Active passive investing | CoupleWealth
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There is a great debate over which is better within the investing world. One of the big questions is if active or passive investing is more effective.

Those who are in favor of active investing hold to the ability of astute fund managers to beat the managers and add “alpha.” Alpha is the amount of outperformance attributable to a manager’s skill.

On the opposing argument’s side, passive investing advocates cite the long-term inability of most active managers to beat the market. They also call attention to the high fees charged for sub-par performance and tax inefficiencies.

Not sure what side you lean toward in the debate of active vs passive investing? Here are some things to consider.

Active Investing – What Is It?

Active investing is the highly involved investment strategy in which the investor actively buys and sells, performing continuous monitoring to exploit profitable market conditions.

Most active investors are looking for movements in their stocks many times a day. Typically, active investors are looking for short term gains as opposed to long term ones.

The desire to beat the market is a powerful addictive force, but only a time machine can predict the future. Active investors spend a considerable amount of time and money searching for superior returns through active management.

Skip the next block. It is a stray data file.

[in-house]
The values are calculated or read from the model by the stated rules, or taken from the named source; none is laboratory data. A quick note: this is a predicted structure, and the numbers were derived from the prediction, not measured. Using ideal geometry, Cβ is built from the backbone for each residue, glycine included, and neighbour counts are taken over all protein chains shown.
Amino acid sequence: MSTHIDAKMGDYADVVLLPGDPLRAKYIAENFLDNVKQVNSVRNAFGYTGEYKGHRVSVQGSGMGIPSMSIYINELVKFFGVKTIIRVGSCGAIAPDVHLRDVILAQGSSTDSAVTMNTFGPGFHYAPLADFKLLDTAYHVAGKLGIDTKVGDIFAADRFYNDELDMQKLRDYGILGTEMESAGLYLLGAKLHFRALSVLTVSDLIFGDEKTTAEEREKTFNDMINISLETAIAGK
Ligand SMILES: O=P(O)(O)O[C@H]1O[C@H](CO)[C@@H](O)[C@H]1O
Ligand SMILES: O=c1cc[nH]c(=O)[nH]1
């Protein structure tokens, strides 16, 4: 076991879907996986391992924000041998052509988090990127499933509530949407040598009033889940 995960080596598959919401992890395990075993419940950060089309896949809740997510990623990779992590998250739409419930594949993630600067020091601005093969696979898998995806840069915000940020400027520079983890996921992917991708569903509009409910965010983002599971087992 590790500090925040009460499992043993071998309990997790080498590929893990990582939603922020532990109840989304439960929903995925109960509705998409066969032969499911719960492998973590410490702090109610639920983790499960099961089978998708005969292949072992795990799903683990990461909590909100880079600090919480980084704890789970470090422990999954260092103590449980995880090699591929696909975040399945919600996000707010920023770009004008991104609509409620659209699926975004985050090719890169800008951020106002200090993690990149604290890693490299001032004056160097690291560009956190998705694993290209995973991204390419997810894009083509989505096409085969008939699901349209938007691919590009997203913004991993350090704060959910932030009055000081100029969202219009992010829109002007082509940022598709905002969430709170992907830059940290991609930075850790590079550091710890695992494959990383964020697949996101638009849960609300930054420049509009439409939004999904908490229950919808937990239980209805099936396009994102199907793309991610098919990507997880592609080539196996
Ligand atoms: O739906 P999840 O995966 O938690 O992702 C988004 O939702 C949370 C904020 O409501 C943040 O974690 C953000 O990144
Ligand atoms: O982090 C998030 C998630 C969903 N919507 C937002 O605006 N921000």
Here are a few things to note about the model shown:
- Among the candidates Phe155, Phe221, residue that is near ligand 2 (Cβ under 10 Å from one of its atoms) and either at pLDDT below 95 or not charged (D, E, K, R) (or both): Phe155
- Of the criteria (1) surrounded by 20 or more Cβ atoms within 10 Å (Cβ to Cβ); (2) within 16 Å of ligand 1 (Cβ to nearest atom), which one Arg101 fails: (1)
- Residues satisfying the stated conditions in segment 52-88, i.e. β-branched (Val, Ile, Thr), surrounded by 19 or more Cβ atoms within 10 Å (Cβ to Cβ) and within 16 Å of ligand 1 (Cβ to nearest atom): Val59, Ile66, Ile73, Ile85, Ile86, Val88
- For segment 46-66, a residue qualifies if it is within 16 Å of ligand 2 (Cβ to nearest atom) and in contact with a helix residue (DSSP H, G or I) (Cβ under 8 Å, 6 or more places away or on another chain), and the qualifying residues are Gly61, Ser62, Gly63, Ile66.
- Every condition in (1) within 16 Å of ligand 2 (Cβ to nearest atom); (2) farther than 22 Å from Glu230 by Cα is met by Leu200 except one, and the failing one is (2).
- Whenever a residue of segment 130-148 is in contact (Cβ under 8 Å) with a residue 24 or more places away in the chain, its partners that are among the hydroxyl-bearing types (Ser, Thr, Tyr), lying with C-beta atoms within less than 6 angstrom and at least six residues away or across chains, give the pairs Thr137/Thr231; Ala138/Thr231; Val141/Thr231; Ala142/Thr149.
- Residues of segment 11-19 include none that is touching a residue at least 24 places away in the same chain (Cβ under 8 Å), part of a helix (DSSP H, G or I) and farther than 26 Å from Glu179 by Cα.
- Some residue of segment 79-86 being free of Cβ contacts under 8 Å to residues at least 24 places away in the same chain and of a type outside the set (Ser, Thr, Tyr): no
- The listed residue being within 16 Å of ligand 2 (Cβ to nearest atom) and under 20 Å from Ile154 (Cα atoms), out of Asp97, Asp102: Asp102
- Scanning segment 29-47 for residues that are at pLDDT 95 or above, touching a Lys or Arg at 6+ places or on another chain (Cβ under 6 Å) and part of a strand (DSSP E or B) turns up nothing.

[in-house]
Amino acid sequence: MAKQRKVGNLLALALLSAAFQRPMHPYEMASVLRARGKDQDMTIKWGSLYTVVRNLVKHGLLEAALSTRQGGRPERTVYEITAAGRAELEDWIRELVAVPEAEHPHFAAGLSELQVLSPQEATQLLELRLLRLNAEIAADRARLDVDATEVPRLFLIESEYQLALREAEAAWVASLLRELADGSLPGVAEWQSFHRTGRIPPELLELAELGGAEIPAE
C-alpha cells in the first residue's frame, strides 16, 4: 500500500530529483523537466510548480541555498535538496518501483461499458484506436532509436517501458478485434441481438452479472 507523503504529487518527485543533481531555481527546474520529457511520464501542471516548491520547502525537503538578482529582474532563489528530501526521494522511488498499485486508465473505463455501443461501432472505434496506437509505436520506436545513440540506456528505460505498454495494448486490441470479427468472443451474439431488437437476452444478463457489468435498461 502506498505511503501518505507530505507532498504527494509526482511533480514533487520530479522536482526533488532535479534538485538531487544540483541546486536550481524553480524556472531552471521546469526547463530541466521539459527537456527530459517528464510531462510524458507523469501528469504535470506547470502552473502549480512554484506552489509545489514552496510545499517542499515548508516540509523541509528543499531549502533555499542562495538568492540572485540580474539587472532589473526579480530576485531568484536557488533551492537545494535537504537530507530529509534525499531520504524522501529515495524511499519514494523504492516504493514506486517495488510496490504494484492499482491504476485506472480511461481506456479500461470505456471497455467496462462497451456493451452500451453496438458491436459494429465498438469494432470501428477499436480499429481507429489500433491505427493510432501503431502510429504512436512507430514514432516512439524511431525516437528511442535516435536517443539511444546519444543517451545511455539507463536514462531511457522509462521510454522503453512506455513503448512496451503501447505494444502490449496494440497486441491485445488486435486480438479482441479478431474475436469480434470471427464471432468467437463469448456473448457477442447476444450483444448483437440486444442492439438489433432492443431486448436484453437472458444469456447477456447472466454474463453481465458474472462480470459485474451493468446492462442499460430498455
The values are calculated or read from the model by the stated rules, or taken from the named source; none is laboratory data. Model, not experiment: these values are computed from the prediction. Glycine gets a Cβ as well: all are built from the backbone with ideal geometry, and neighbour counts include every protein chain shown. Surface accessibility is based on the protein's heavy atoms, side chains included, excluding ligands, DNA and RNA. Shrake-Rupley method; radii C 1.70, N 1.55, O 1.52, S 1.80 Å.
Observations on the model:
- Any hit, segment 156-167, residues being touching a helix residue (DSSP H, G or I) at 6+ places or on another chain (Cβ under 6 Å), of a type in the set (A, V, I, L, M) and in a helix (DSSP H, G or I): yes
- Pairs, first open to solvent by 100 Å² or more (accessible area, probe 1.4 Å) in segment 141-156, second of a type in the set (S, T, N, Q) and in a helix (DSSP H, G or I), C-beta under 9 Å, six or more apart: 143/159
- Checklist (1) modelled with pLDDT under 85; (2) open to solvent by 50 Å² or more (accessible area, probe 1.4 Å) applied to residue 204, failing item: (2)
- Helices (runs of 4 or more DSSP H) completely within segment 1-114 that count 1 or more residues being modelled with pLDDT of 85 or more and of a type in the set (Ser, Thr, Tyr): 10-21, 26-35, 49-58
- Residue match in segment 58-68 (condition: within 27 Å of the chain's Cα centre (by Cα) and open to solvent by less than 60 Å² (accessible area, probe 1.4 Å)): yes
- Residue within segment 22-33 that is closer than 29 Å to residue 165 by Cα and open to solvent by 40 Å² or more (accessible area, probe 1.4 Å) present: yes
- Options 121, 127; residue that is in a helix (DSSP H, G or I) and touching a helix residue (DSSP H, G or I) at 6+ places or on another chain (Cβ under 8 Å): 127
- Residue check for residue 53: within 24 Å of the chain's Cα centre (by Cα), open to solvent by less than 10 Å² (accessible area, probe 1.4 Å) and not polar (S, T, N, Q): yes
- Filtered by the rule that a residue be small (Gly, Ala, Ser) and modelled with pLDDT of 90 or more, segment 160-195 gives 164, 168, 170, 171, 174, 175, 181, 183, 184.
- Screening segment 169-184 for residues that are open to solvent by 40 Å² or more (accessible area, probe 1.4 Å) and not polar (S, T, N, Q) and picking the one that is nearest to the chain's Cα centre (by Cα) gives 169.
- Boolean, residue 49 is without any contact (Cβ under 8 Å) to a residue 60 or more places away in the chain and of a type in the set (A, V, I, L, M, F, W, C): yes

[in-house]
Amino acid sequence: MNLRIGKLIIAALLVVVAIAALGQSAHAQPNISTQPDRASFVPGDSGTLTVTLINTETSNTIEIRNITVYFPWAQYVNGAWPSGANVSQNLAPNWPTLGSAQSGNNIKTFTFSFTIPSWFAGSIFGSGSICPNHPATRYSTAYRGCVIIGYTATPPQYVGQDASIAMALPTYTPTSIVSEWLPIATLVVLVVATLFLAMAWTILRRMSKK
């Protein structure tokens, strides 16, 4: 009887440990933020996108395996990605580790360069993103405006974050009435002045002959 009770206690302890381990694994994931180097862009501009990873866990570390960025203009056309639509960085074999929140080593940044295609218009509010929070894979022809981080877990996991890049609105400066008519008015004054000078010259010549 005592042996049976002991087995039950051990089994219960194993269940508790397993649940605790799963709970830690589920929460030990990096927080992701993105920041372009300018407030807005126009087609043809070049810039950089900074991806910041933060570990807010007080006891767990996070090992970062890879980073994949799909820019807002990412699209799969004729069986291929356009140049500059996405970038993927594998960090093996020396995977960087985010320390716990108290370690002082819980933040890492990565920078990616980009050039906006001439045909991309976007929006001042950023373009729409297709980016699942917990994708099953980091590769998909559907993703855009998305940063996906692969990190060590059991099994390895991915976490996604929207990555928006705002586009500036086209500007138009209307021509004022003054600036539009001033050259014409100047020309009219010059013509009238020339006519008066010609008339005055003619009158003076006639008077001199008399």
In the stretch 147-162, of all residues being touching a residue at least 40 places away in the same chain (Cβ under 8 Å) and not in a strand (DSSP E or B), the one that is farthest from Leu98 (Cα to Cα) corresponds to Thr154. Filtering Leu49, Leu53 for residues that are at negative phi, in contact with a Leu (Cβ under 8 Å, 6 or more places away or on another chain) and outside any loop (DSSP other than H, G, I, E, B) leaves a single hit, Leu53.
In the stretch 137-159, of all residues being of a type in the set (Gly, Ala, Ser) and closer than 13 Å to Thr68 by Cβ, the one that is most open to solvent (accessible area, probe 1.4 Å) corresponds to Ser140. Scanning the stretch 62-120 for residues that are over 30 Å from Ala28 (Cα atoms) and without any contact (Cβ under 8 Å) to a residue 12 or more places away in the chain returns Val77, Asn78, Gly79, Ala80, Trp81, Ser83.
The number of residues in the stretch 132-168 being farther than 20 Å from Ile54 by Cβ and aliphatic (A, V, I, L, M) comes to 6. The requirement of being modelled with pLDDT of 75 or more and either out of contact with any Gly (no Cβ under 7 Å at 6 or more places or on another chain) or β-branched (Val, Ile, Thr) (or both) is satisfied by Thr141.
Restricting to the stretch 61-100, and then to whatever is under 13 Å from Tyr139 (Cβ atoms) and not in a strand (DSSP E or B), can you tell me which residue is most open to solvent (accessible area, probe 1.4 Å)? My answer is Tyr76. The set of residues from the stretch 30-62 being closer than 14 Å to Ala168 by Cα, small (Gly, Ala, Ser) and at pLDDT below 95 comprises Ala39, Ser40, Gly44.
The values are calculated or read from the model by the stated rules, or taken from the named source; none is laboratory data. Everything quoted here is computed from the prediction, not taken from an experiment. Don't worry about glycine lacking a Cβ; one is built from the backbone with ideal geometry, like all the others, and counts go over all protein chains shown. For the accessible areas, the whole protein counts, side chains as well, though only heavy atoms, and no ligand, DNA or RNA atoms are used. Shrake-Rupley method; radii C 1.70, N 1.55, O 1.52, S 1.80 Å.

What Is Passive Investing?

Passive investment, also known as a buy-and-hold strategy, is practicing an investment strategy which involves buying securities with the intention of owning them for many years.

Passive investing aims to maximize returns by keeping the amount of buying and selling to a minimum over the long term. The idea behind passive investment is to avoid the fees and drag on performance that can potentially occur from frequent trading.

The passive investor is not motivated to make quick gains or to get rich with one great bet. Rather, the passive investor’s goal is to build slow, steady wealth over time.

Generally speaking, passive investors look to construct well-diversified portfolios through asset allocation so they can replicate market performance. The process of constructing a well-diversified portfolio can require extensive research.

Pros and Cons – Active vs Passive Investing

There are some pros and cons to both active and passive investing, but I will personally argue that passive investing is the way to go since active investing can cost an additional 0.6 to 1.5% in fees. This means you would need to not only beat the market, but also beat it more than the additional fees.

Nevertheless, I want my readers to have all the information to make informed decisions for themselves.

Active Investing

Proponents of Active Investing tout the following as advantages

  • Flexibility – you are not required to hold specific stocks or bonds
  • Hedging – you can use short sales, put options, and other strategies to mitigate losses
  • Risk management – you can get out of specific holdings or market sectors that exhibit large risk
  • Tax management – Strategies are tailored to the individual investor like tax-loss harvesting